Saturday, May 28, 2016

That's The Thing

Eight AM through the eyes of a 19 yo.

Sometimes the truth of impermanence is easy to forget and sometimes it insists on being right in your face.  Of course death makes it ever so real and clear.  But so does children growing up and taking on adult roles in the world.  Ok, scratch that...I just went up and took a gander (and a sniff) at Finn's room and he still has a way to go on the adult front.  But, the truth is, he is slowly getting his act together and seems poised to go on another international adventure, this time far outside his comfort zone.  Although I suspect he has no idea just exactly how far outside.

Then, on Thursday, Lucy will officially graduate from homeschooling.  That era of our lives will be officially finished.   I was never very big on anything official as it related to homeschooling, but if you count it the way the state of New York counts it, then I did it for 13 years.  When I said this to Lucy, she said, "More like six!"  (That's her assessment of how I participated in the endeavor - such is the gratitude of a 17 yo.)

Zen onion skins at work.

Napatree Point, Watch Hill, RI
Our opinions about how things are flowing through our life are just, like, our opinions, man.  

If you think this yarn is excessively hairy, you would be correct.  I carded my friend's hair into the wool and she is going to make her boyfriend something with it.  We'll see if he appreciates this gesture.

Or as a wise person recently said to me when I was telling him how one day I feel one way and the next day, I feel another way - that's the thing about feelings.

Wednesday, May 25, 2016

A Good Man

How to make the world a better - and funnier - place for 97 years.
My former father-in-law, James W. Allen, died on Monday night at the age of 97.  For nearly all of those years, he was healthy and sharp - Jack the Needle, he sometimes called himself.  A heart attack five months ago was the beginning of a decline in his physical health but, for the most part, he defied all expectations about what a person in their 90s was supposed to be like.

He was a walking piece of history - in the picture above he is re-visiting Anzio beach in Italy, where he landed as a 19 yo foot soldier in WWII.  He did many, many things in his lifetime, including, at age 40, get married and start a family, eventually having six children in the space of ten years.

I knew him for 31 years, first as one of his son's girlfriends, then as a daughter in law and then as a former daughter in law.  Men of his generation aren't really the type to be warm and fuzzy so I felt his affection from his teasing and the way he enthusiastically took up the minutia of the local geography of my hometown in Massachusetts and, later, Newfoundland.  Indeed, one of the first questions he would ask anyone he met was, "where are you from?"  I honestly never saw him not be able to pull out some obscure geographical reference in reply to their answer, "Oh, that's about ten miles from Sioux Falls on Rte 29?"  leaving the rest of us standing there wondering how in the world he knew that.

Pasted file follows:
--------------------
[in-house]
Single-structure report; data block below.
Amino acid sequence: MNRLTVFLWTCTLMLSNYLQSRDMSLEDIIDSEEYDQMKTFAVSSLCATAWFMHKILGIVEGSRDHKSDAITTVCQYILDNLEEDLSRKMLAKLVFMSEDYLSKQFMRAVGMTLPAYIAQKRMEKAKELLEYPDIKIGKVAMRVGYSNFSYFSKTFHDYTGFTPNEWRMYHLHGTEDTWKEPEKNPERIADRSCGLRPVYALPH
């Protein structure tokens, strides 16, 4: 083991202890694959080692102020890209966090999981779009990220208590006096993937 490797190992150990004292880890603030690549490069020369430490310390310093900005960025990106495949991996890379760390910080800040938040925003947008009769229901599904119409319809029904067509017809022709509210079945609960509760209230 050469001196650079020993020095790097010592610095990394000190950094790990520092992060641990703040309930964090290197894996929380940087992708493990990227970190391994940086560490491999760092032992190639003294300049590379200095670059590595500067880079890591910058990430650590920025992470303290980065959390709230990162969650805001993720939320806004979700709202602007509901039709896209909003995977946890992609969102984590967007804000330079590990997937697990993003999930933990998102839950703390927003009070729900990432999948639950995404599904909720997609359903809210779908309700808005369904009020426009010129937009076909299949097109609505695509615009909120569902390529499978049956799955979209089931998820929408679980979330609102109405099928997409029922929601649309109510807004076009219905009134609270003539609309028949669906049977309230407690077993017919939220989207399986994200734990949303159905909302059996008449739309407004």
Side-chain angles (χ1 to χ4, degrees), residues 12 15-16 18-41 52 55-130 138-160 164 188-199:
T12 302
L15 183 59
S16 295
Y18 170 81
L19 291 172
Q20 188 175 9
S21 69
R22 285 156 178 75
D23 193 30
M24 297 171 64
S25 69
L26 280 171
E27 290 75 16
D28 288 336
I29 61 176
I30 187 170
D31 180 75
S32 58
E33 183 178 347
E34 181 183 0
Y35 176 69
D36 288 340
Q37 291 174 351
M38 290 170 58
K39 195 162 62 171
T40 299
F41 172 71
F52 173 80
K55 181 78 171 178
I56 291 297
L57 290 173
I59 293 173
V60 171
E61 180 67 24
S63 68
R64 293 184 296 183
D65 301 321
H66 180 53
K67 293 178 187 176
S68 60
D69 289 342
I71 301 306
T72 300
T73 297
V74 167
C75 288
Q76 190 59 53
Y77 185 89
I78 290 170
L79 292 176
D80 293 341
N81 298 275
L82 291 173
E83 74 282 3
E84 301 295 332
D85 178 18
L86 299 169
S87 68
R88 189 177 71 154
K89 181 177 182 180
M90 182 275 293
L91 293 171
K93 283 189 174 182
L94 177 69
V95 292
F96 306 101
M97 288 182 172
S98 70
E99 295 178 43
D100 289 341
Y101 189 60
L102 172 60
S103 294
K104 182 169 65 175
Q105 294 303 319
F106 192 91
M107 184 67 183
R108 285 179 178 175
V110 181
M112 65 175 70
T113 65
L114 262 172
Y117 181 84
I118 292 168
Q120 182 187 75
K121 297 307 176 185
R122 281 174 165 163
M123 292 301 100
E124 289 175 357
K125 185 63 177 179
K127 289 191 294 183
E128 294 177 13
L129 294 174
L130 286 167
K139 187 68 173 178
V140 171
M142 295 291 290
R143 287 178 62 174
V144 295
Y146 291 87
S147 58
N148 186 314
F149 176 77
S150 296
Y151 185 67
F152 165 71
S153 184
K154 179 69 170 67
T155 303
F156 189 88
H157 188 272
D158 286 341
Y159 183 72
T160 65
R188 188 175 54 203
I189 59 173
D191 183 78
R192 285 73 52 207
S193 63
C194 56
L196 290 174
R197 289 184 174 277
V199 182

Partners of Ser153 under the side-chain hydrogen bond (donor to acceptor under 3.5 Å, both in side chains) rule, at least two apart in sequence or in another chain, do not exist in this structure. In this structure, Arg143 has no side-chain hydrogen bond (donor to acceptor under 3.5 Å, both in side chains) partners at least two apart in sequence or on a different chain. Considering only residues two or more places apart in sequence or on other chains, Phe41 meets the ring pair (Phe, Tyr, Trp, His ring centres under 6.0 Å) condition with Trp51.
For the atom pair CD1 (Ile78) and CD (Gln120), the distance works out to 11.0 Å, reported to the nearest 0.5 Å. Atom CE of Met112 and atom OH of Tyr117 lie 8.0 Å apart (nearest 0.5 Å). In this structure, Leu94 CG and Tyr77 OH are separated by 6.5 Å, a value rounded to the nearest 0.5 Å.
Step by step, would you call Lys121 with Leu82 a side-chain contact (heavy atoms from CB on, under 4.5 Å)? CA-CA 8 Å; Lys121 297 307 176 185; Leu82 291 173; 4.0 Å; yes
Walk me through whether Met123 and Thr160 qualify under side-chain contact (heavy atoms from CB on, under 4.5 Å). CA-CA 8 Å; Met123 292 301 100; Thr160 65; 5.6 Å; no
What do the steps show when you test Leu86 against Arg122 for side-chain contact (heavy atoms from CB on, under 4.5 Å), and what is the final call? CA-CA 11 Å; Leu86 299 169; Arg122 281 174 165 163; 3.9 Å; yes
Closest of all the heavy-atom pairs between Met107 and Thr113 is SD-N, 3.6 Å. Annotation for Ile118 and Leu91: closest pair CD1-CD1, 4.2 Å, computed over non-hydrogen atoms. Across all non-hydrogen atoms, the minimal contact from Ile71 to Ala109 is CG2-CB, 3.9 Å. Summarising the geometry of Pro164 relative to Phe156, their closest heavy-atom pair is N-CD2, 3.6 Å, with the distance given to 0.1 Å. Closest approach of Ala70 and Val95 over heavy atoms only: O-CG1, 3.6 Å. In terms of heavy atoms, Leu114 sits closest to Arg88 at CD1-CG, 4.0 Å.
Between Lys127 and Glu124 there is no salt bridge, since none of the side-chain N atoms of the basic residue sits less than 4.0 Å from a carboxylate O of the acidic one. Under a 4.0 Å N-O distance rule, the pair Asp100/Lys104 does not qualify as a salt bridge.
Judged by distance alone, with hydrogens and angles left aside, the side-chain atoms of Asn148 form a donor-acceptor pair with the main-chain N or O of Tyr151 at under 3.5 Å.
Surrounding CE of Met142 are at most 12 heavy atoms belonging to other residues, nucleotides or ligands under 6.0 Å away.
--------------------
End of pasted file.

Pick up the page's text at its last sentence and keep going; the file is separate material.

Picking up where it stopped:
How do you measure success?  Money?  Houses?  Flashy accomplishments?  How about creating a family of very good, smart, funny people who love you dearly and devotedly?  By that measure, Jim Allen was a stunning success.  He also was a decent, good man who will be sorely missed by all who knew him.

Friday, May 13, 2016


Earlier this week, we had the floors refinished in our downstairs rooms.  The night before (it was Mother's Day - Lucy said, "so manual labor is your Mother's Day present?"), we moved all the furniture either up into our bedrooms or down into the basement.  It was no small feat.  ("Yes, manual labor is the best Mother's Day present!").

We all agreed that the empty rooms were very appealing.  Lucy suggested that we leave them empty for as long as possible so we could see what we really need and use.  Once we got the go-ahead to start bringing things back it, it has been a very slow dribble.  Yes, to the pink couch.  Yes to the little side table that Finn made.  Yes to the bookcase.  Not yet to the books.  The dining room table was a yes as is one chair (so far).

It's always the question, isn't it?  How much is enough?

Friday, May 06, 2016


(Sorry - not the Beyonce kind of lemonade.  No Becky's.  No nice hair.)

Studio Love, condensed version

After I lost my studio, I created a mini-studio in a cloth grocery bag that sits near to our dining room table.  I keep several sketch books, pens, ink, watercolors and some other supplies in it.  Now, when I "go to my studio", I simply pull the bag over and dip my hand in.  No pressure and no pre-set ideas about what I am supposed to be doing.  Oddly enough, I find these moments (rarely do I spend more than a half-hour or so drawing) have become as essential to my day as breakfast, lunch and dinner. 

The ritual of getting to a studio, shutting the door and making art has its place.  The ease and the no-big-deal-ness of pulling over a bag and simply getting to work also has its place.  Without a separate space devoted to art making, I am really enjoying this no muss, no fuss take on it.  

After I'm done, the sketch books get put away, the brushes washed, and the bag returned to its corner. Ready for tomorrow!